For a step-by-step guide, check out this article by CSS Tricks.

Also, you can try these lazy loading libraries to make your life easier:

Lazy Loading Background (CSS) Images

As I said, images can also be invoked via CSS with a background-image property.

This makes them harder to lazy load, as the DOM, CSSOM and render tree have to be built before the browser decides if the background image can be applied to a DOM element.

While complicated, this speculative behaviour helps us “trick” the browser into not applying the background-image property to an element until it comes into view. That way, the element is never loaded until the user needs it.

Refer to this example from CSS Tricks for more details on how to do this.

It’s not that different from the previous methods. You still need JavaScript to detect when the element comes into view. The difference lies in the CSS.

Again, using the Intersection Observer with event handlers as a fallback (for IE users) is still the norm here.

Bonus Technique: Use Placeholders

Using placeholders for images and videos is a great way to improve actual and perceived performance.

Google, Facebook and Medium all use a version of this technique.

Besides improved perceived performance, properly sized placeholders help the browser allocate enough space for each image. This prevents large layout shifts and bad CLS scores.

Now, there are a few ways variations you can try here:

  • The easiest way would be to use a neutral color box with the same dimensions as the image. It’s not the most elegant solution, but it works;

  • Another way is to find the dominant color of the final image and apply it to the placeholder. Manuel Timelthaler has a fantastic article on how to do this;

  • Finally, you can use a small, very low-quality version of the final image for the initial load. This low-quality image is similar to the final one, so the transition between both looks smoother.

It looks like Medium uses the third option. If you inspect their articles, you’ll find a small version (around 60x38px) of the final hero image:

Medium Lazy Loading

This small image is rendered immediately, while the final one takes a bit longer. But because the colors and shapes of both versions are similar, it doesn't feel weird when the high-resolution image appears.

Again, when implemented correctly, these approaches also help reduce CLS. In the video below, Addy Osmani talks about optimizing CLS for an eCommerce store that uses placeholders for their product images:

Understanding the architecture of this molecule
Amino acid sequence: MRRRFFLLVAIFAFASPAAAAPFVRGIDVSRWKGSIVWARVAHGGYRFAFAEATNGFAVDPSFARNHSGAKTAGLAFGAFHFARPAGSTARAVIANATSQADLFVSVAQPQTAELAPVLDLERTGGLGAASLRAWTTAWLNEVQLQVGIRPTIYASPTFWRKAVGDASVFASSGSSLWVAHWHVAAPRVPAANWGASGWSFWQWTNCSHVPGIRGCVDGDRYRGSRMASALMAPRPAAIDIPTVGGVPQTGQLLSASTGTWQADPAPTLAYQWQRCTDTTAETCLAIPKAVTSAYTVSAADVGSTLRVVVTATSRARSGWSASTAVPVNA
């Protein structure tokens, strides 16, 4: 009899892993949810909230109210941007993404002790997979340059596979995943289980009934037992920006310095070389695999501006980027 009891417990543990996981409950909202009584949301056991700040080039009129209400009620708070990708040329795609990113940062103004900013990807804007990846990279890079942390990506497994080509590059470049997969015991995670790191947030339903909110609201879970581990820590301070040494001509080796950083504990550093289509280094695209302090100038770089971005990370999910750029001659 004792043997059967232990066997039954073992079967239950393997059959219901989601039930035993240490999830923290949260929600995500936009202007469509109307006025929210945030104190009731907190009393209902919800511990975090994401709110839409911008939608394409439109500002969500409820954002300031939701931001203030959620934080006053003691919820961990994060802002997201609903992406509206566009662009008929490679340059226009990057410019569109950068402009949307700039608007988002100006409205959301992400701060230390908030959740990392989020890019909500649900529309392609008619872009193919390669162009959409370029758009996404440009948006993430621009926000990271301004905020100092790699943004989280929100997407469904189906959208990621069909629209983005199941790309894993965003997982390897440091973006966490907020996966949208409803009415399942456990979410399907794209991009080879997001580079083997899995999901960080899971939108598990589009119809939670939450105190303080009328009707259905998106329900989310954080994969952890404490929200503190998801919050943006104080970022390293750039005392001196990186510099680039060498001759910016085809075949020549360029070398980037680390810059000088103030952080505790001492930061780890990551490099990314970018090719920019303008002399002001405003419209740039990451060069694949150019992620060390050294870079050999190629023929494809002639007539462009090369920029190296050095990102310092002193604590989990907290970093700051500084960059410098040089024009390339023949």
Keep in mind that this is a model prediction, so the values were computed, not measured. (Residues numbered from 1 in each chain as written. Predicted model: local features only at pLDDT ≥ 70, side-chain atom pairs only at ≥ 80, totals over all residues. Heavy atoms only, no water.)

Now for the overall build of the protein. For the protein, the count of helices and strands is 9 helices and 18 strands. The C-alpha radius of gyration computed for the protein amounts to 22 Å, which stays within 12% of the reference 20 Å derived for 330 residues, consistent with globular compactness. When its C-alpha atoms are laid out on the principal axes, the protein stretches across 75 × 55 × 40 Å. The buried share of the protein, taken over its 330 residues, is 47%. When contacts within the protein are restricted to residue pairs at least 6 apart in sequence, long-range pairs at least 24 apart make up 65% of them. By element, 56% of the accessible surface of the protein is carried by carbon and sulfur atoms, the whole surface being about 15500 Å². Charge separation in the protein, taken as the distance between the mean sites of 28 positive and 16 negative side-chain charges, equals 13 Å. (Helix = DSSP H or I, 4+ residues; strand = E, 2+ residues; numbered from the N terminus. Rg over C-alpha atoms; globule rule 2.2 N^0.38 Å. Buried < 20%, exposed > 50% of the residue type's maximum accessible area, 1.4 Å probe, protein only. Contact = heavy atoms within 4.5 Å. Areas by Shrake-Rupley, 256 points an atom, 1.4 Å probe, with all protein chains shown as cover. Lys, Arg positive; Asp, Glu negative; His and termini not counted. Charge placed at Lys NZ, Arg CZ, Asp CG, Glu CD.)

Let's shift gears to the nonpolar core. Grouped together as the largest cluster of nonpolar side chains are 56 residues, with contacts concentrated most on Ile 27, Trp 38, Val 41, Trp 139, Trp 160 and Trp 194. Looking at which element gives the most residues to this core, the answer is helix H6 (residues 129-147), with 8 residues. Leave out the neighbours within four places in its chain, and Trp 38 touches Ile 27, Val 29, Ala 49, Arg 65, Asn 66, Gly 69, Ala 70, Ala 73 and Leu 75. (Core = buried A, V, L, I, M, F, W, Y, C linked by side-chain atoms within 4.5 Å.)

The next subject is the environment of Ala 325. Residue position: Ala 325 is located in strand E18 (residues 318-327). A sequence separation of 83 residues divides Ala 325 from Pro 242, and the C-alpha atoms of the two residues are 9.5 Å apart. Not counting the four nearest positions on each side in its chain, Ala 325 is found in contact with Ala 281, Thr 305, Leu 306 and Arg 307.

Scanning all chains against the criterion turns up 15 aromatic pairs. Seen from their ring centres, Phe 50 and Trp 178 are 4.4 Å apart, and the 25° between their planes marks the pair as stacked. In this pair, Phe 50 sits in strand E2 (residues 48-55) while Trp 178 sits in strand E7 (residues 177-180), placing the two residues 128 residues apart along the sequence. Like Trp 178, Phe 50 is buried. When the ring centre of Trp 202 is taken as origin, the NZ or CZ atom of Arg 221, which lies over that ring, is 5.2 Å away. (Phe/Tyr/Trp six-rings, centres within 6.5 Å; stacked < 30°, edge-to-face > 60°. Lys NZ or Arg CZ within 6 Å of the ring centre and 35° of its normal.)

The technique you choose here really depends on your preferences. Just remember to size placeholders properly, for example, with width and height attributes.

Quick Checklist for Lazy Loading Manually

We just covered a lot of ground, so let's do a short recap:

  • Only defer offscreen (below the fold) images. Above the fold images should be loaded immediately;

  • Remember that desktop and mobile viewports have different above the fold elements. Take all devices into account when deciding which images to lazy load;

  • Consider the time and effort each lazy loading method requires. If most of your site’s visitors use Chrome, it may be okay to just add loading="lazy" to offscreen images and call it a day;

  • For 100% browser support, use the Intersection Observer with JavaScript event handlers as a backup;

  • Use properly sized placeholders to avoid CLS issues and improve perceived performance;

  • After deferring offscreen images, test to see if everything is working as it should. Use your browser’s network tab and scroll down the page to see when images are being loaded.

Test Lazy Loading

The Easiest Way to Lazy Load All Images, Including Background Ones

To avoid doing everything we just listed and still get the massive benefits of lazy loading, check out NitroPack.

  • Our service automatically lazy loads all images, iFrames and videos from YouTube and Vimeo;

  • NitroPack also lazy loads all background images, even those defined in CSS. It detects declarations in external files multiple levels down an import chain. This is especially useful for certain WordPress themes;

  • NitroPack also lazy loads multiple slider images.

All of our lazy loading features are enabled by default. You don’t need to configure anything.

Besides that, our service has everything else you need for a fast website.

NitroPack Features

If you’re interested, check out NitroPack for:

We have a Free Plan (no credit/debit card required) for websites with up to 5000 monthly pageviews. You can easily test all of NitroPack’s features and see the results for yourself.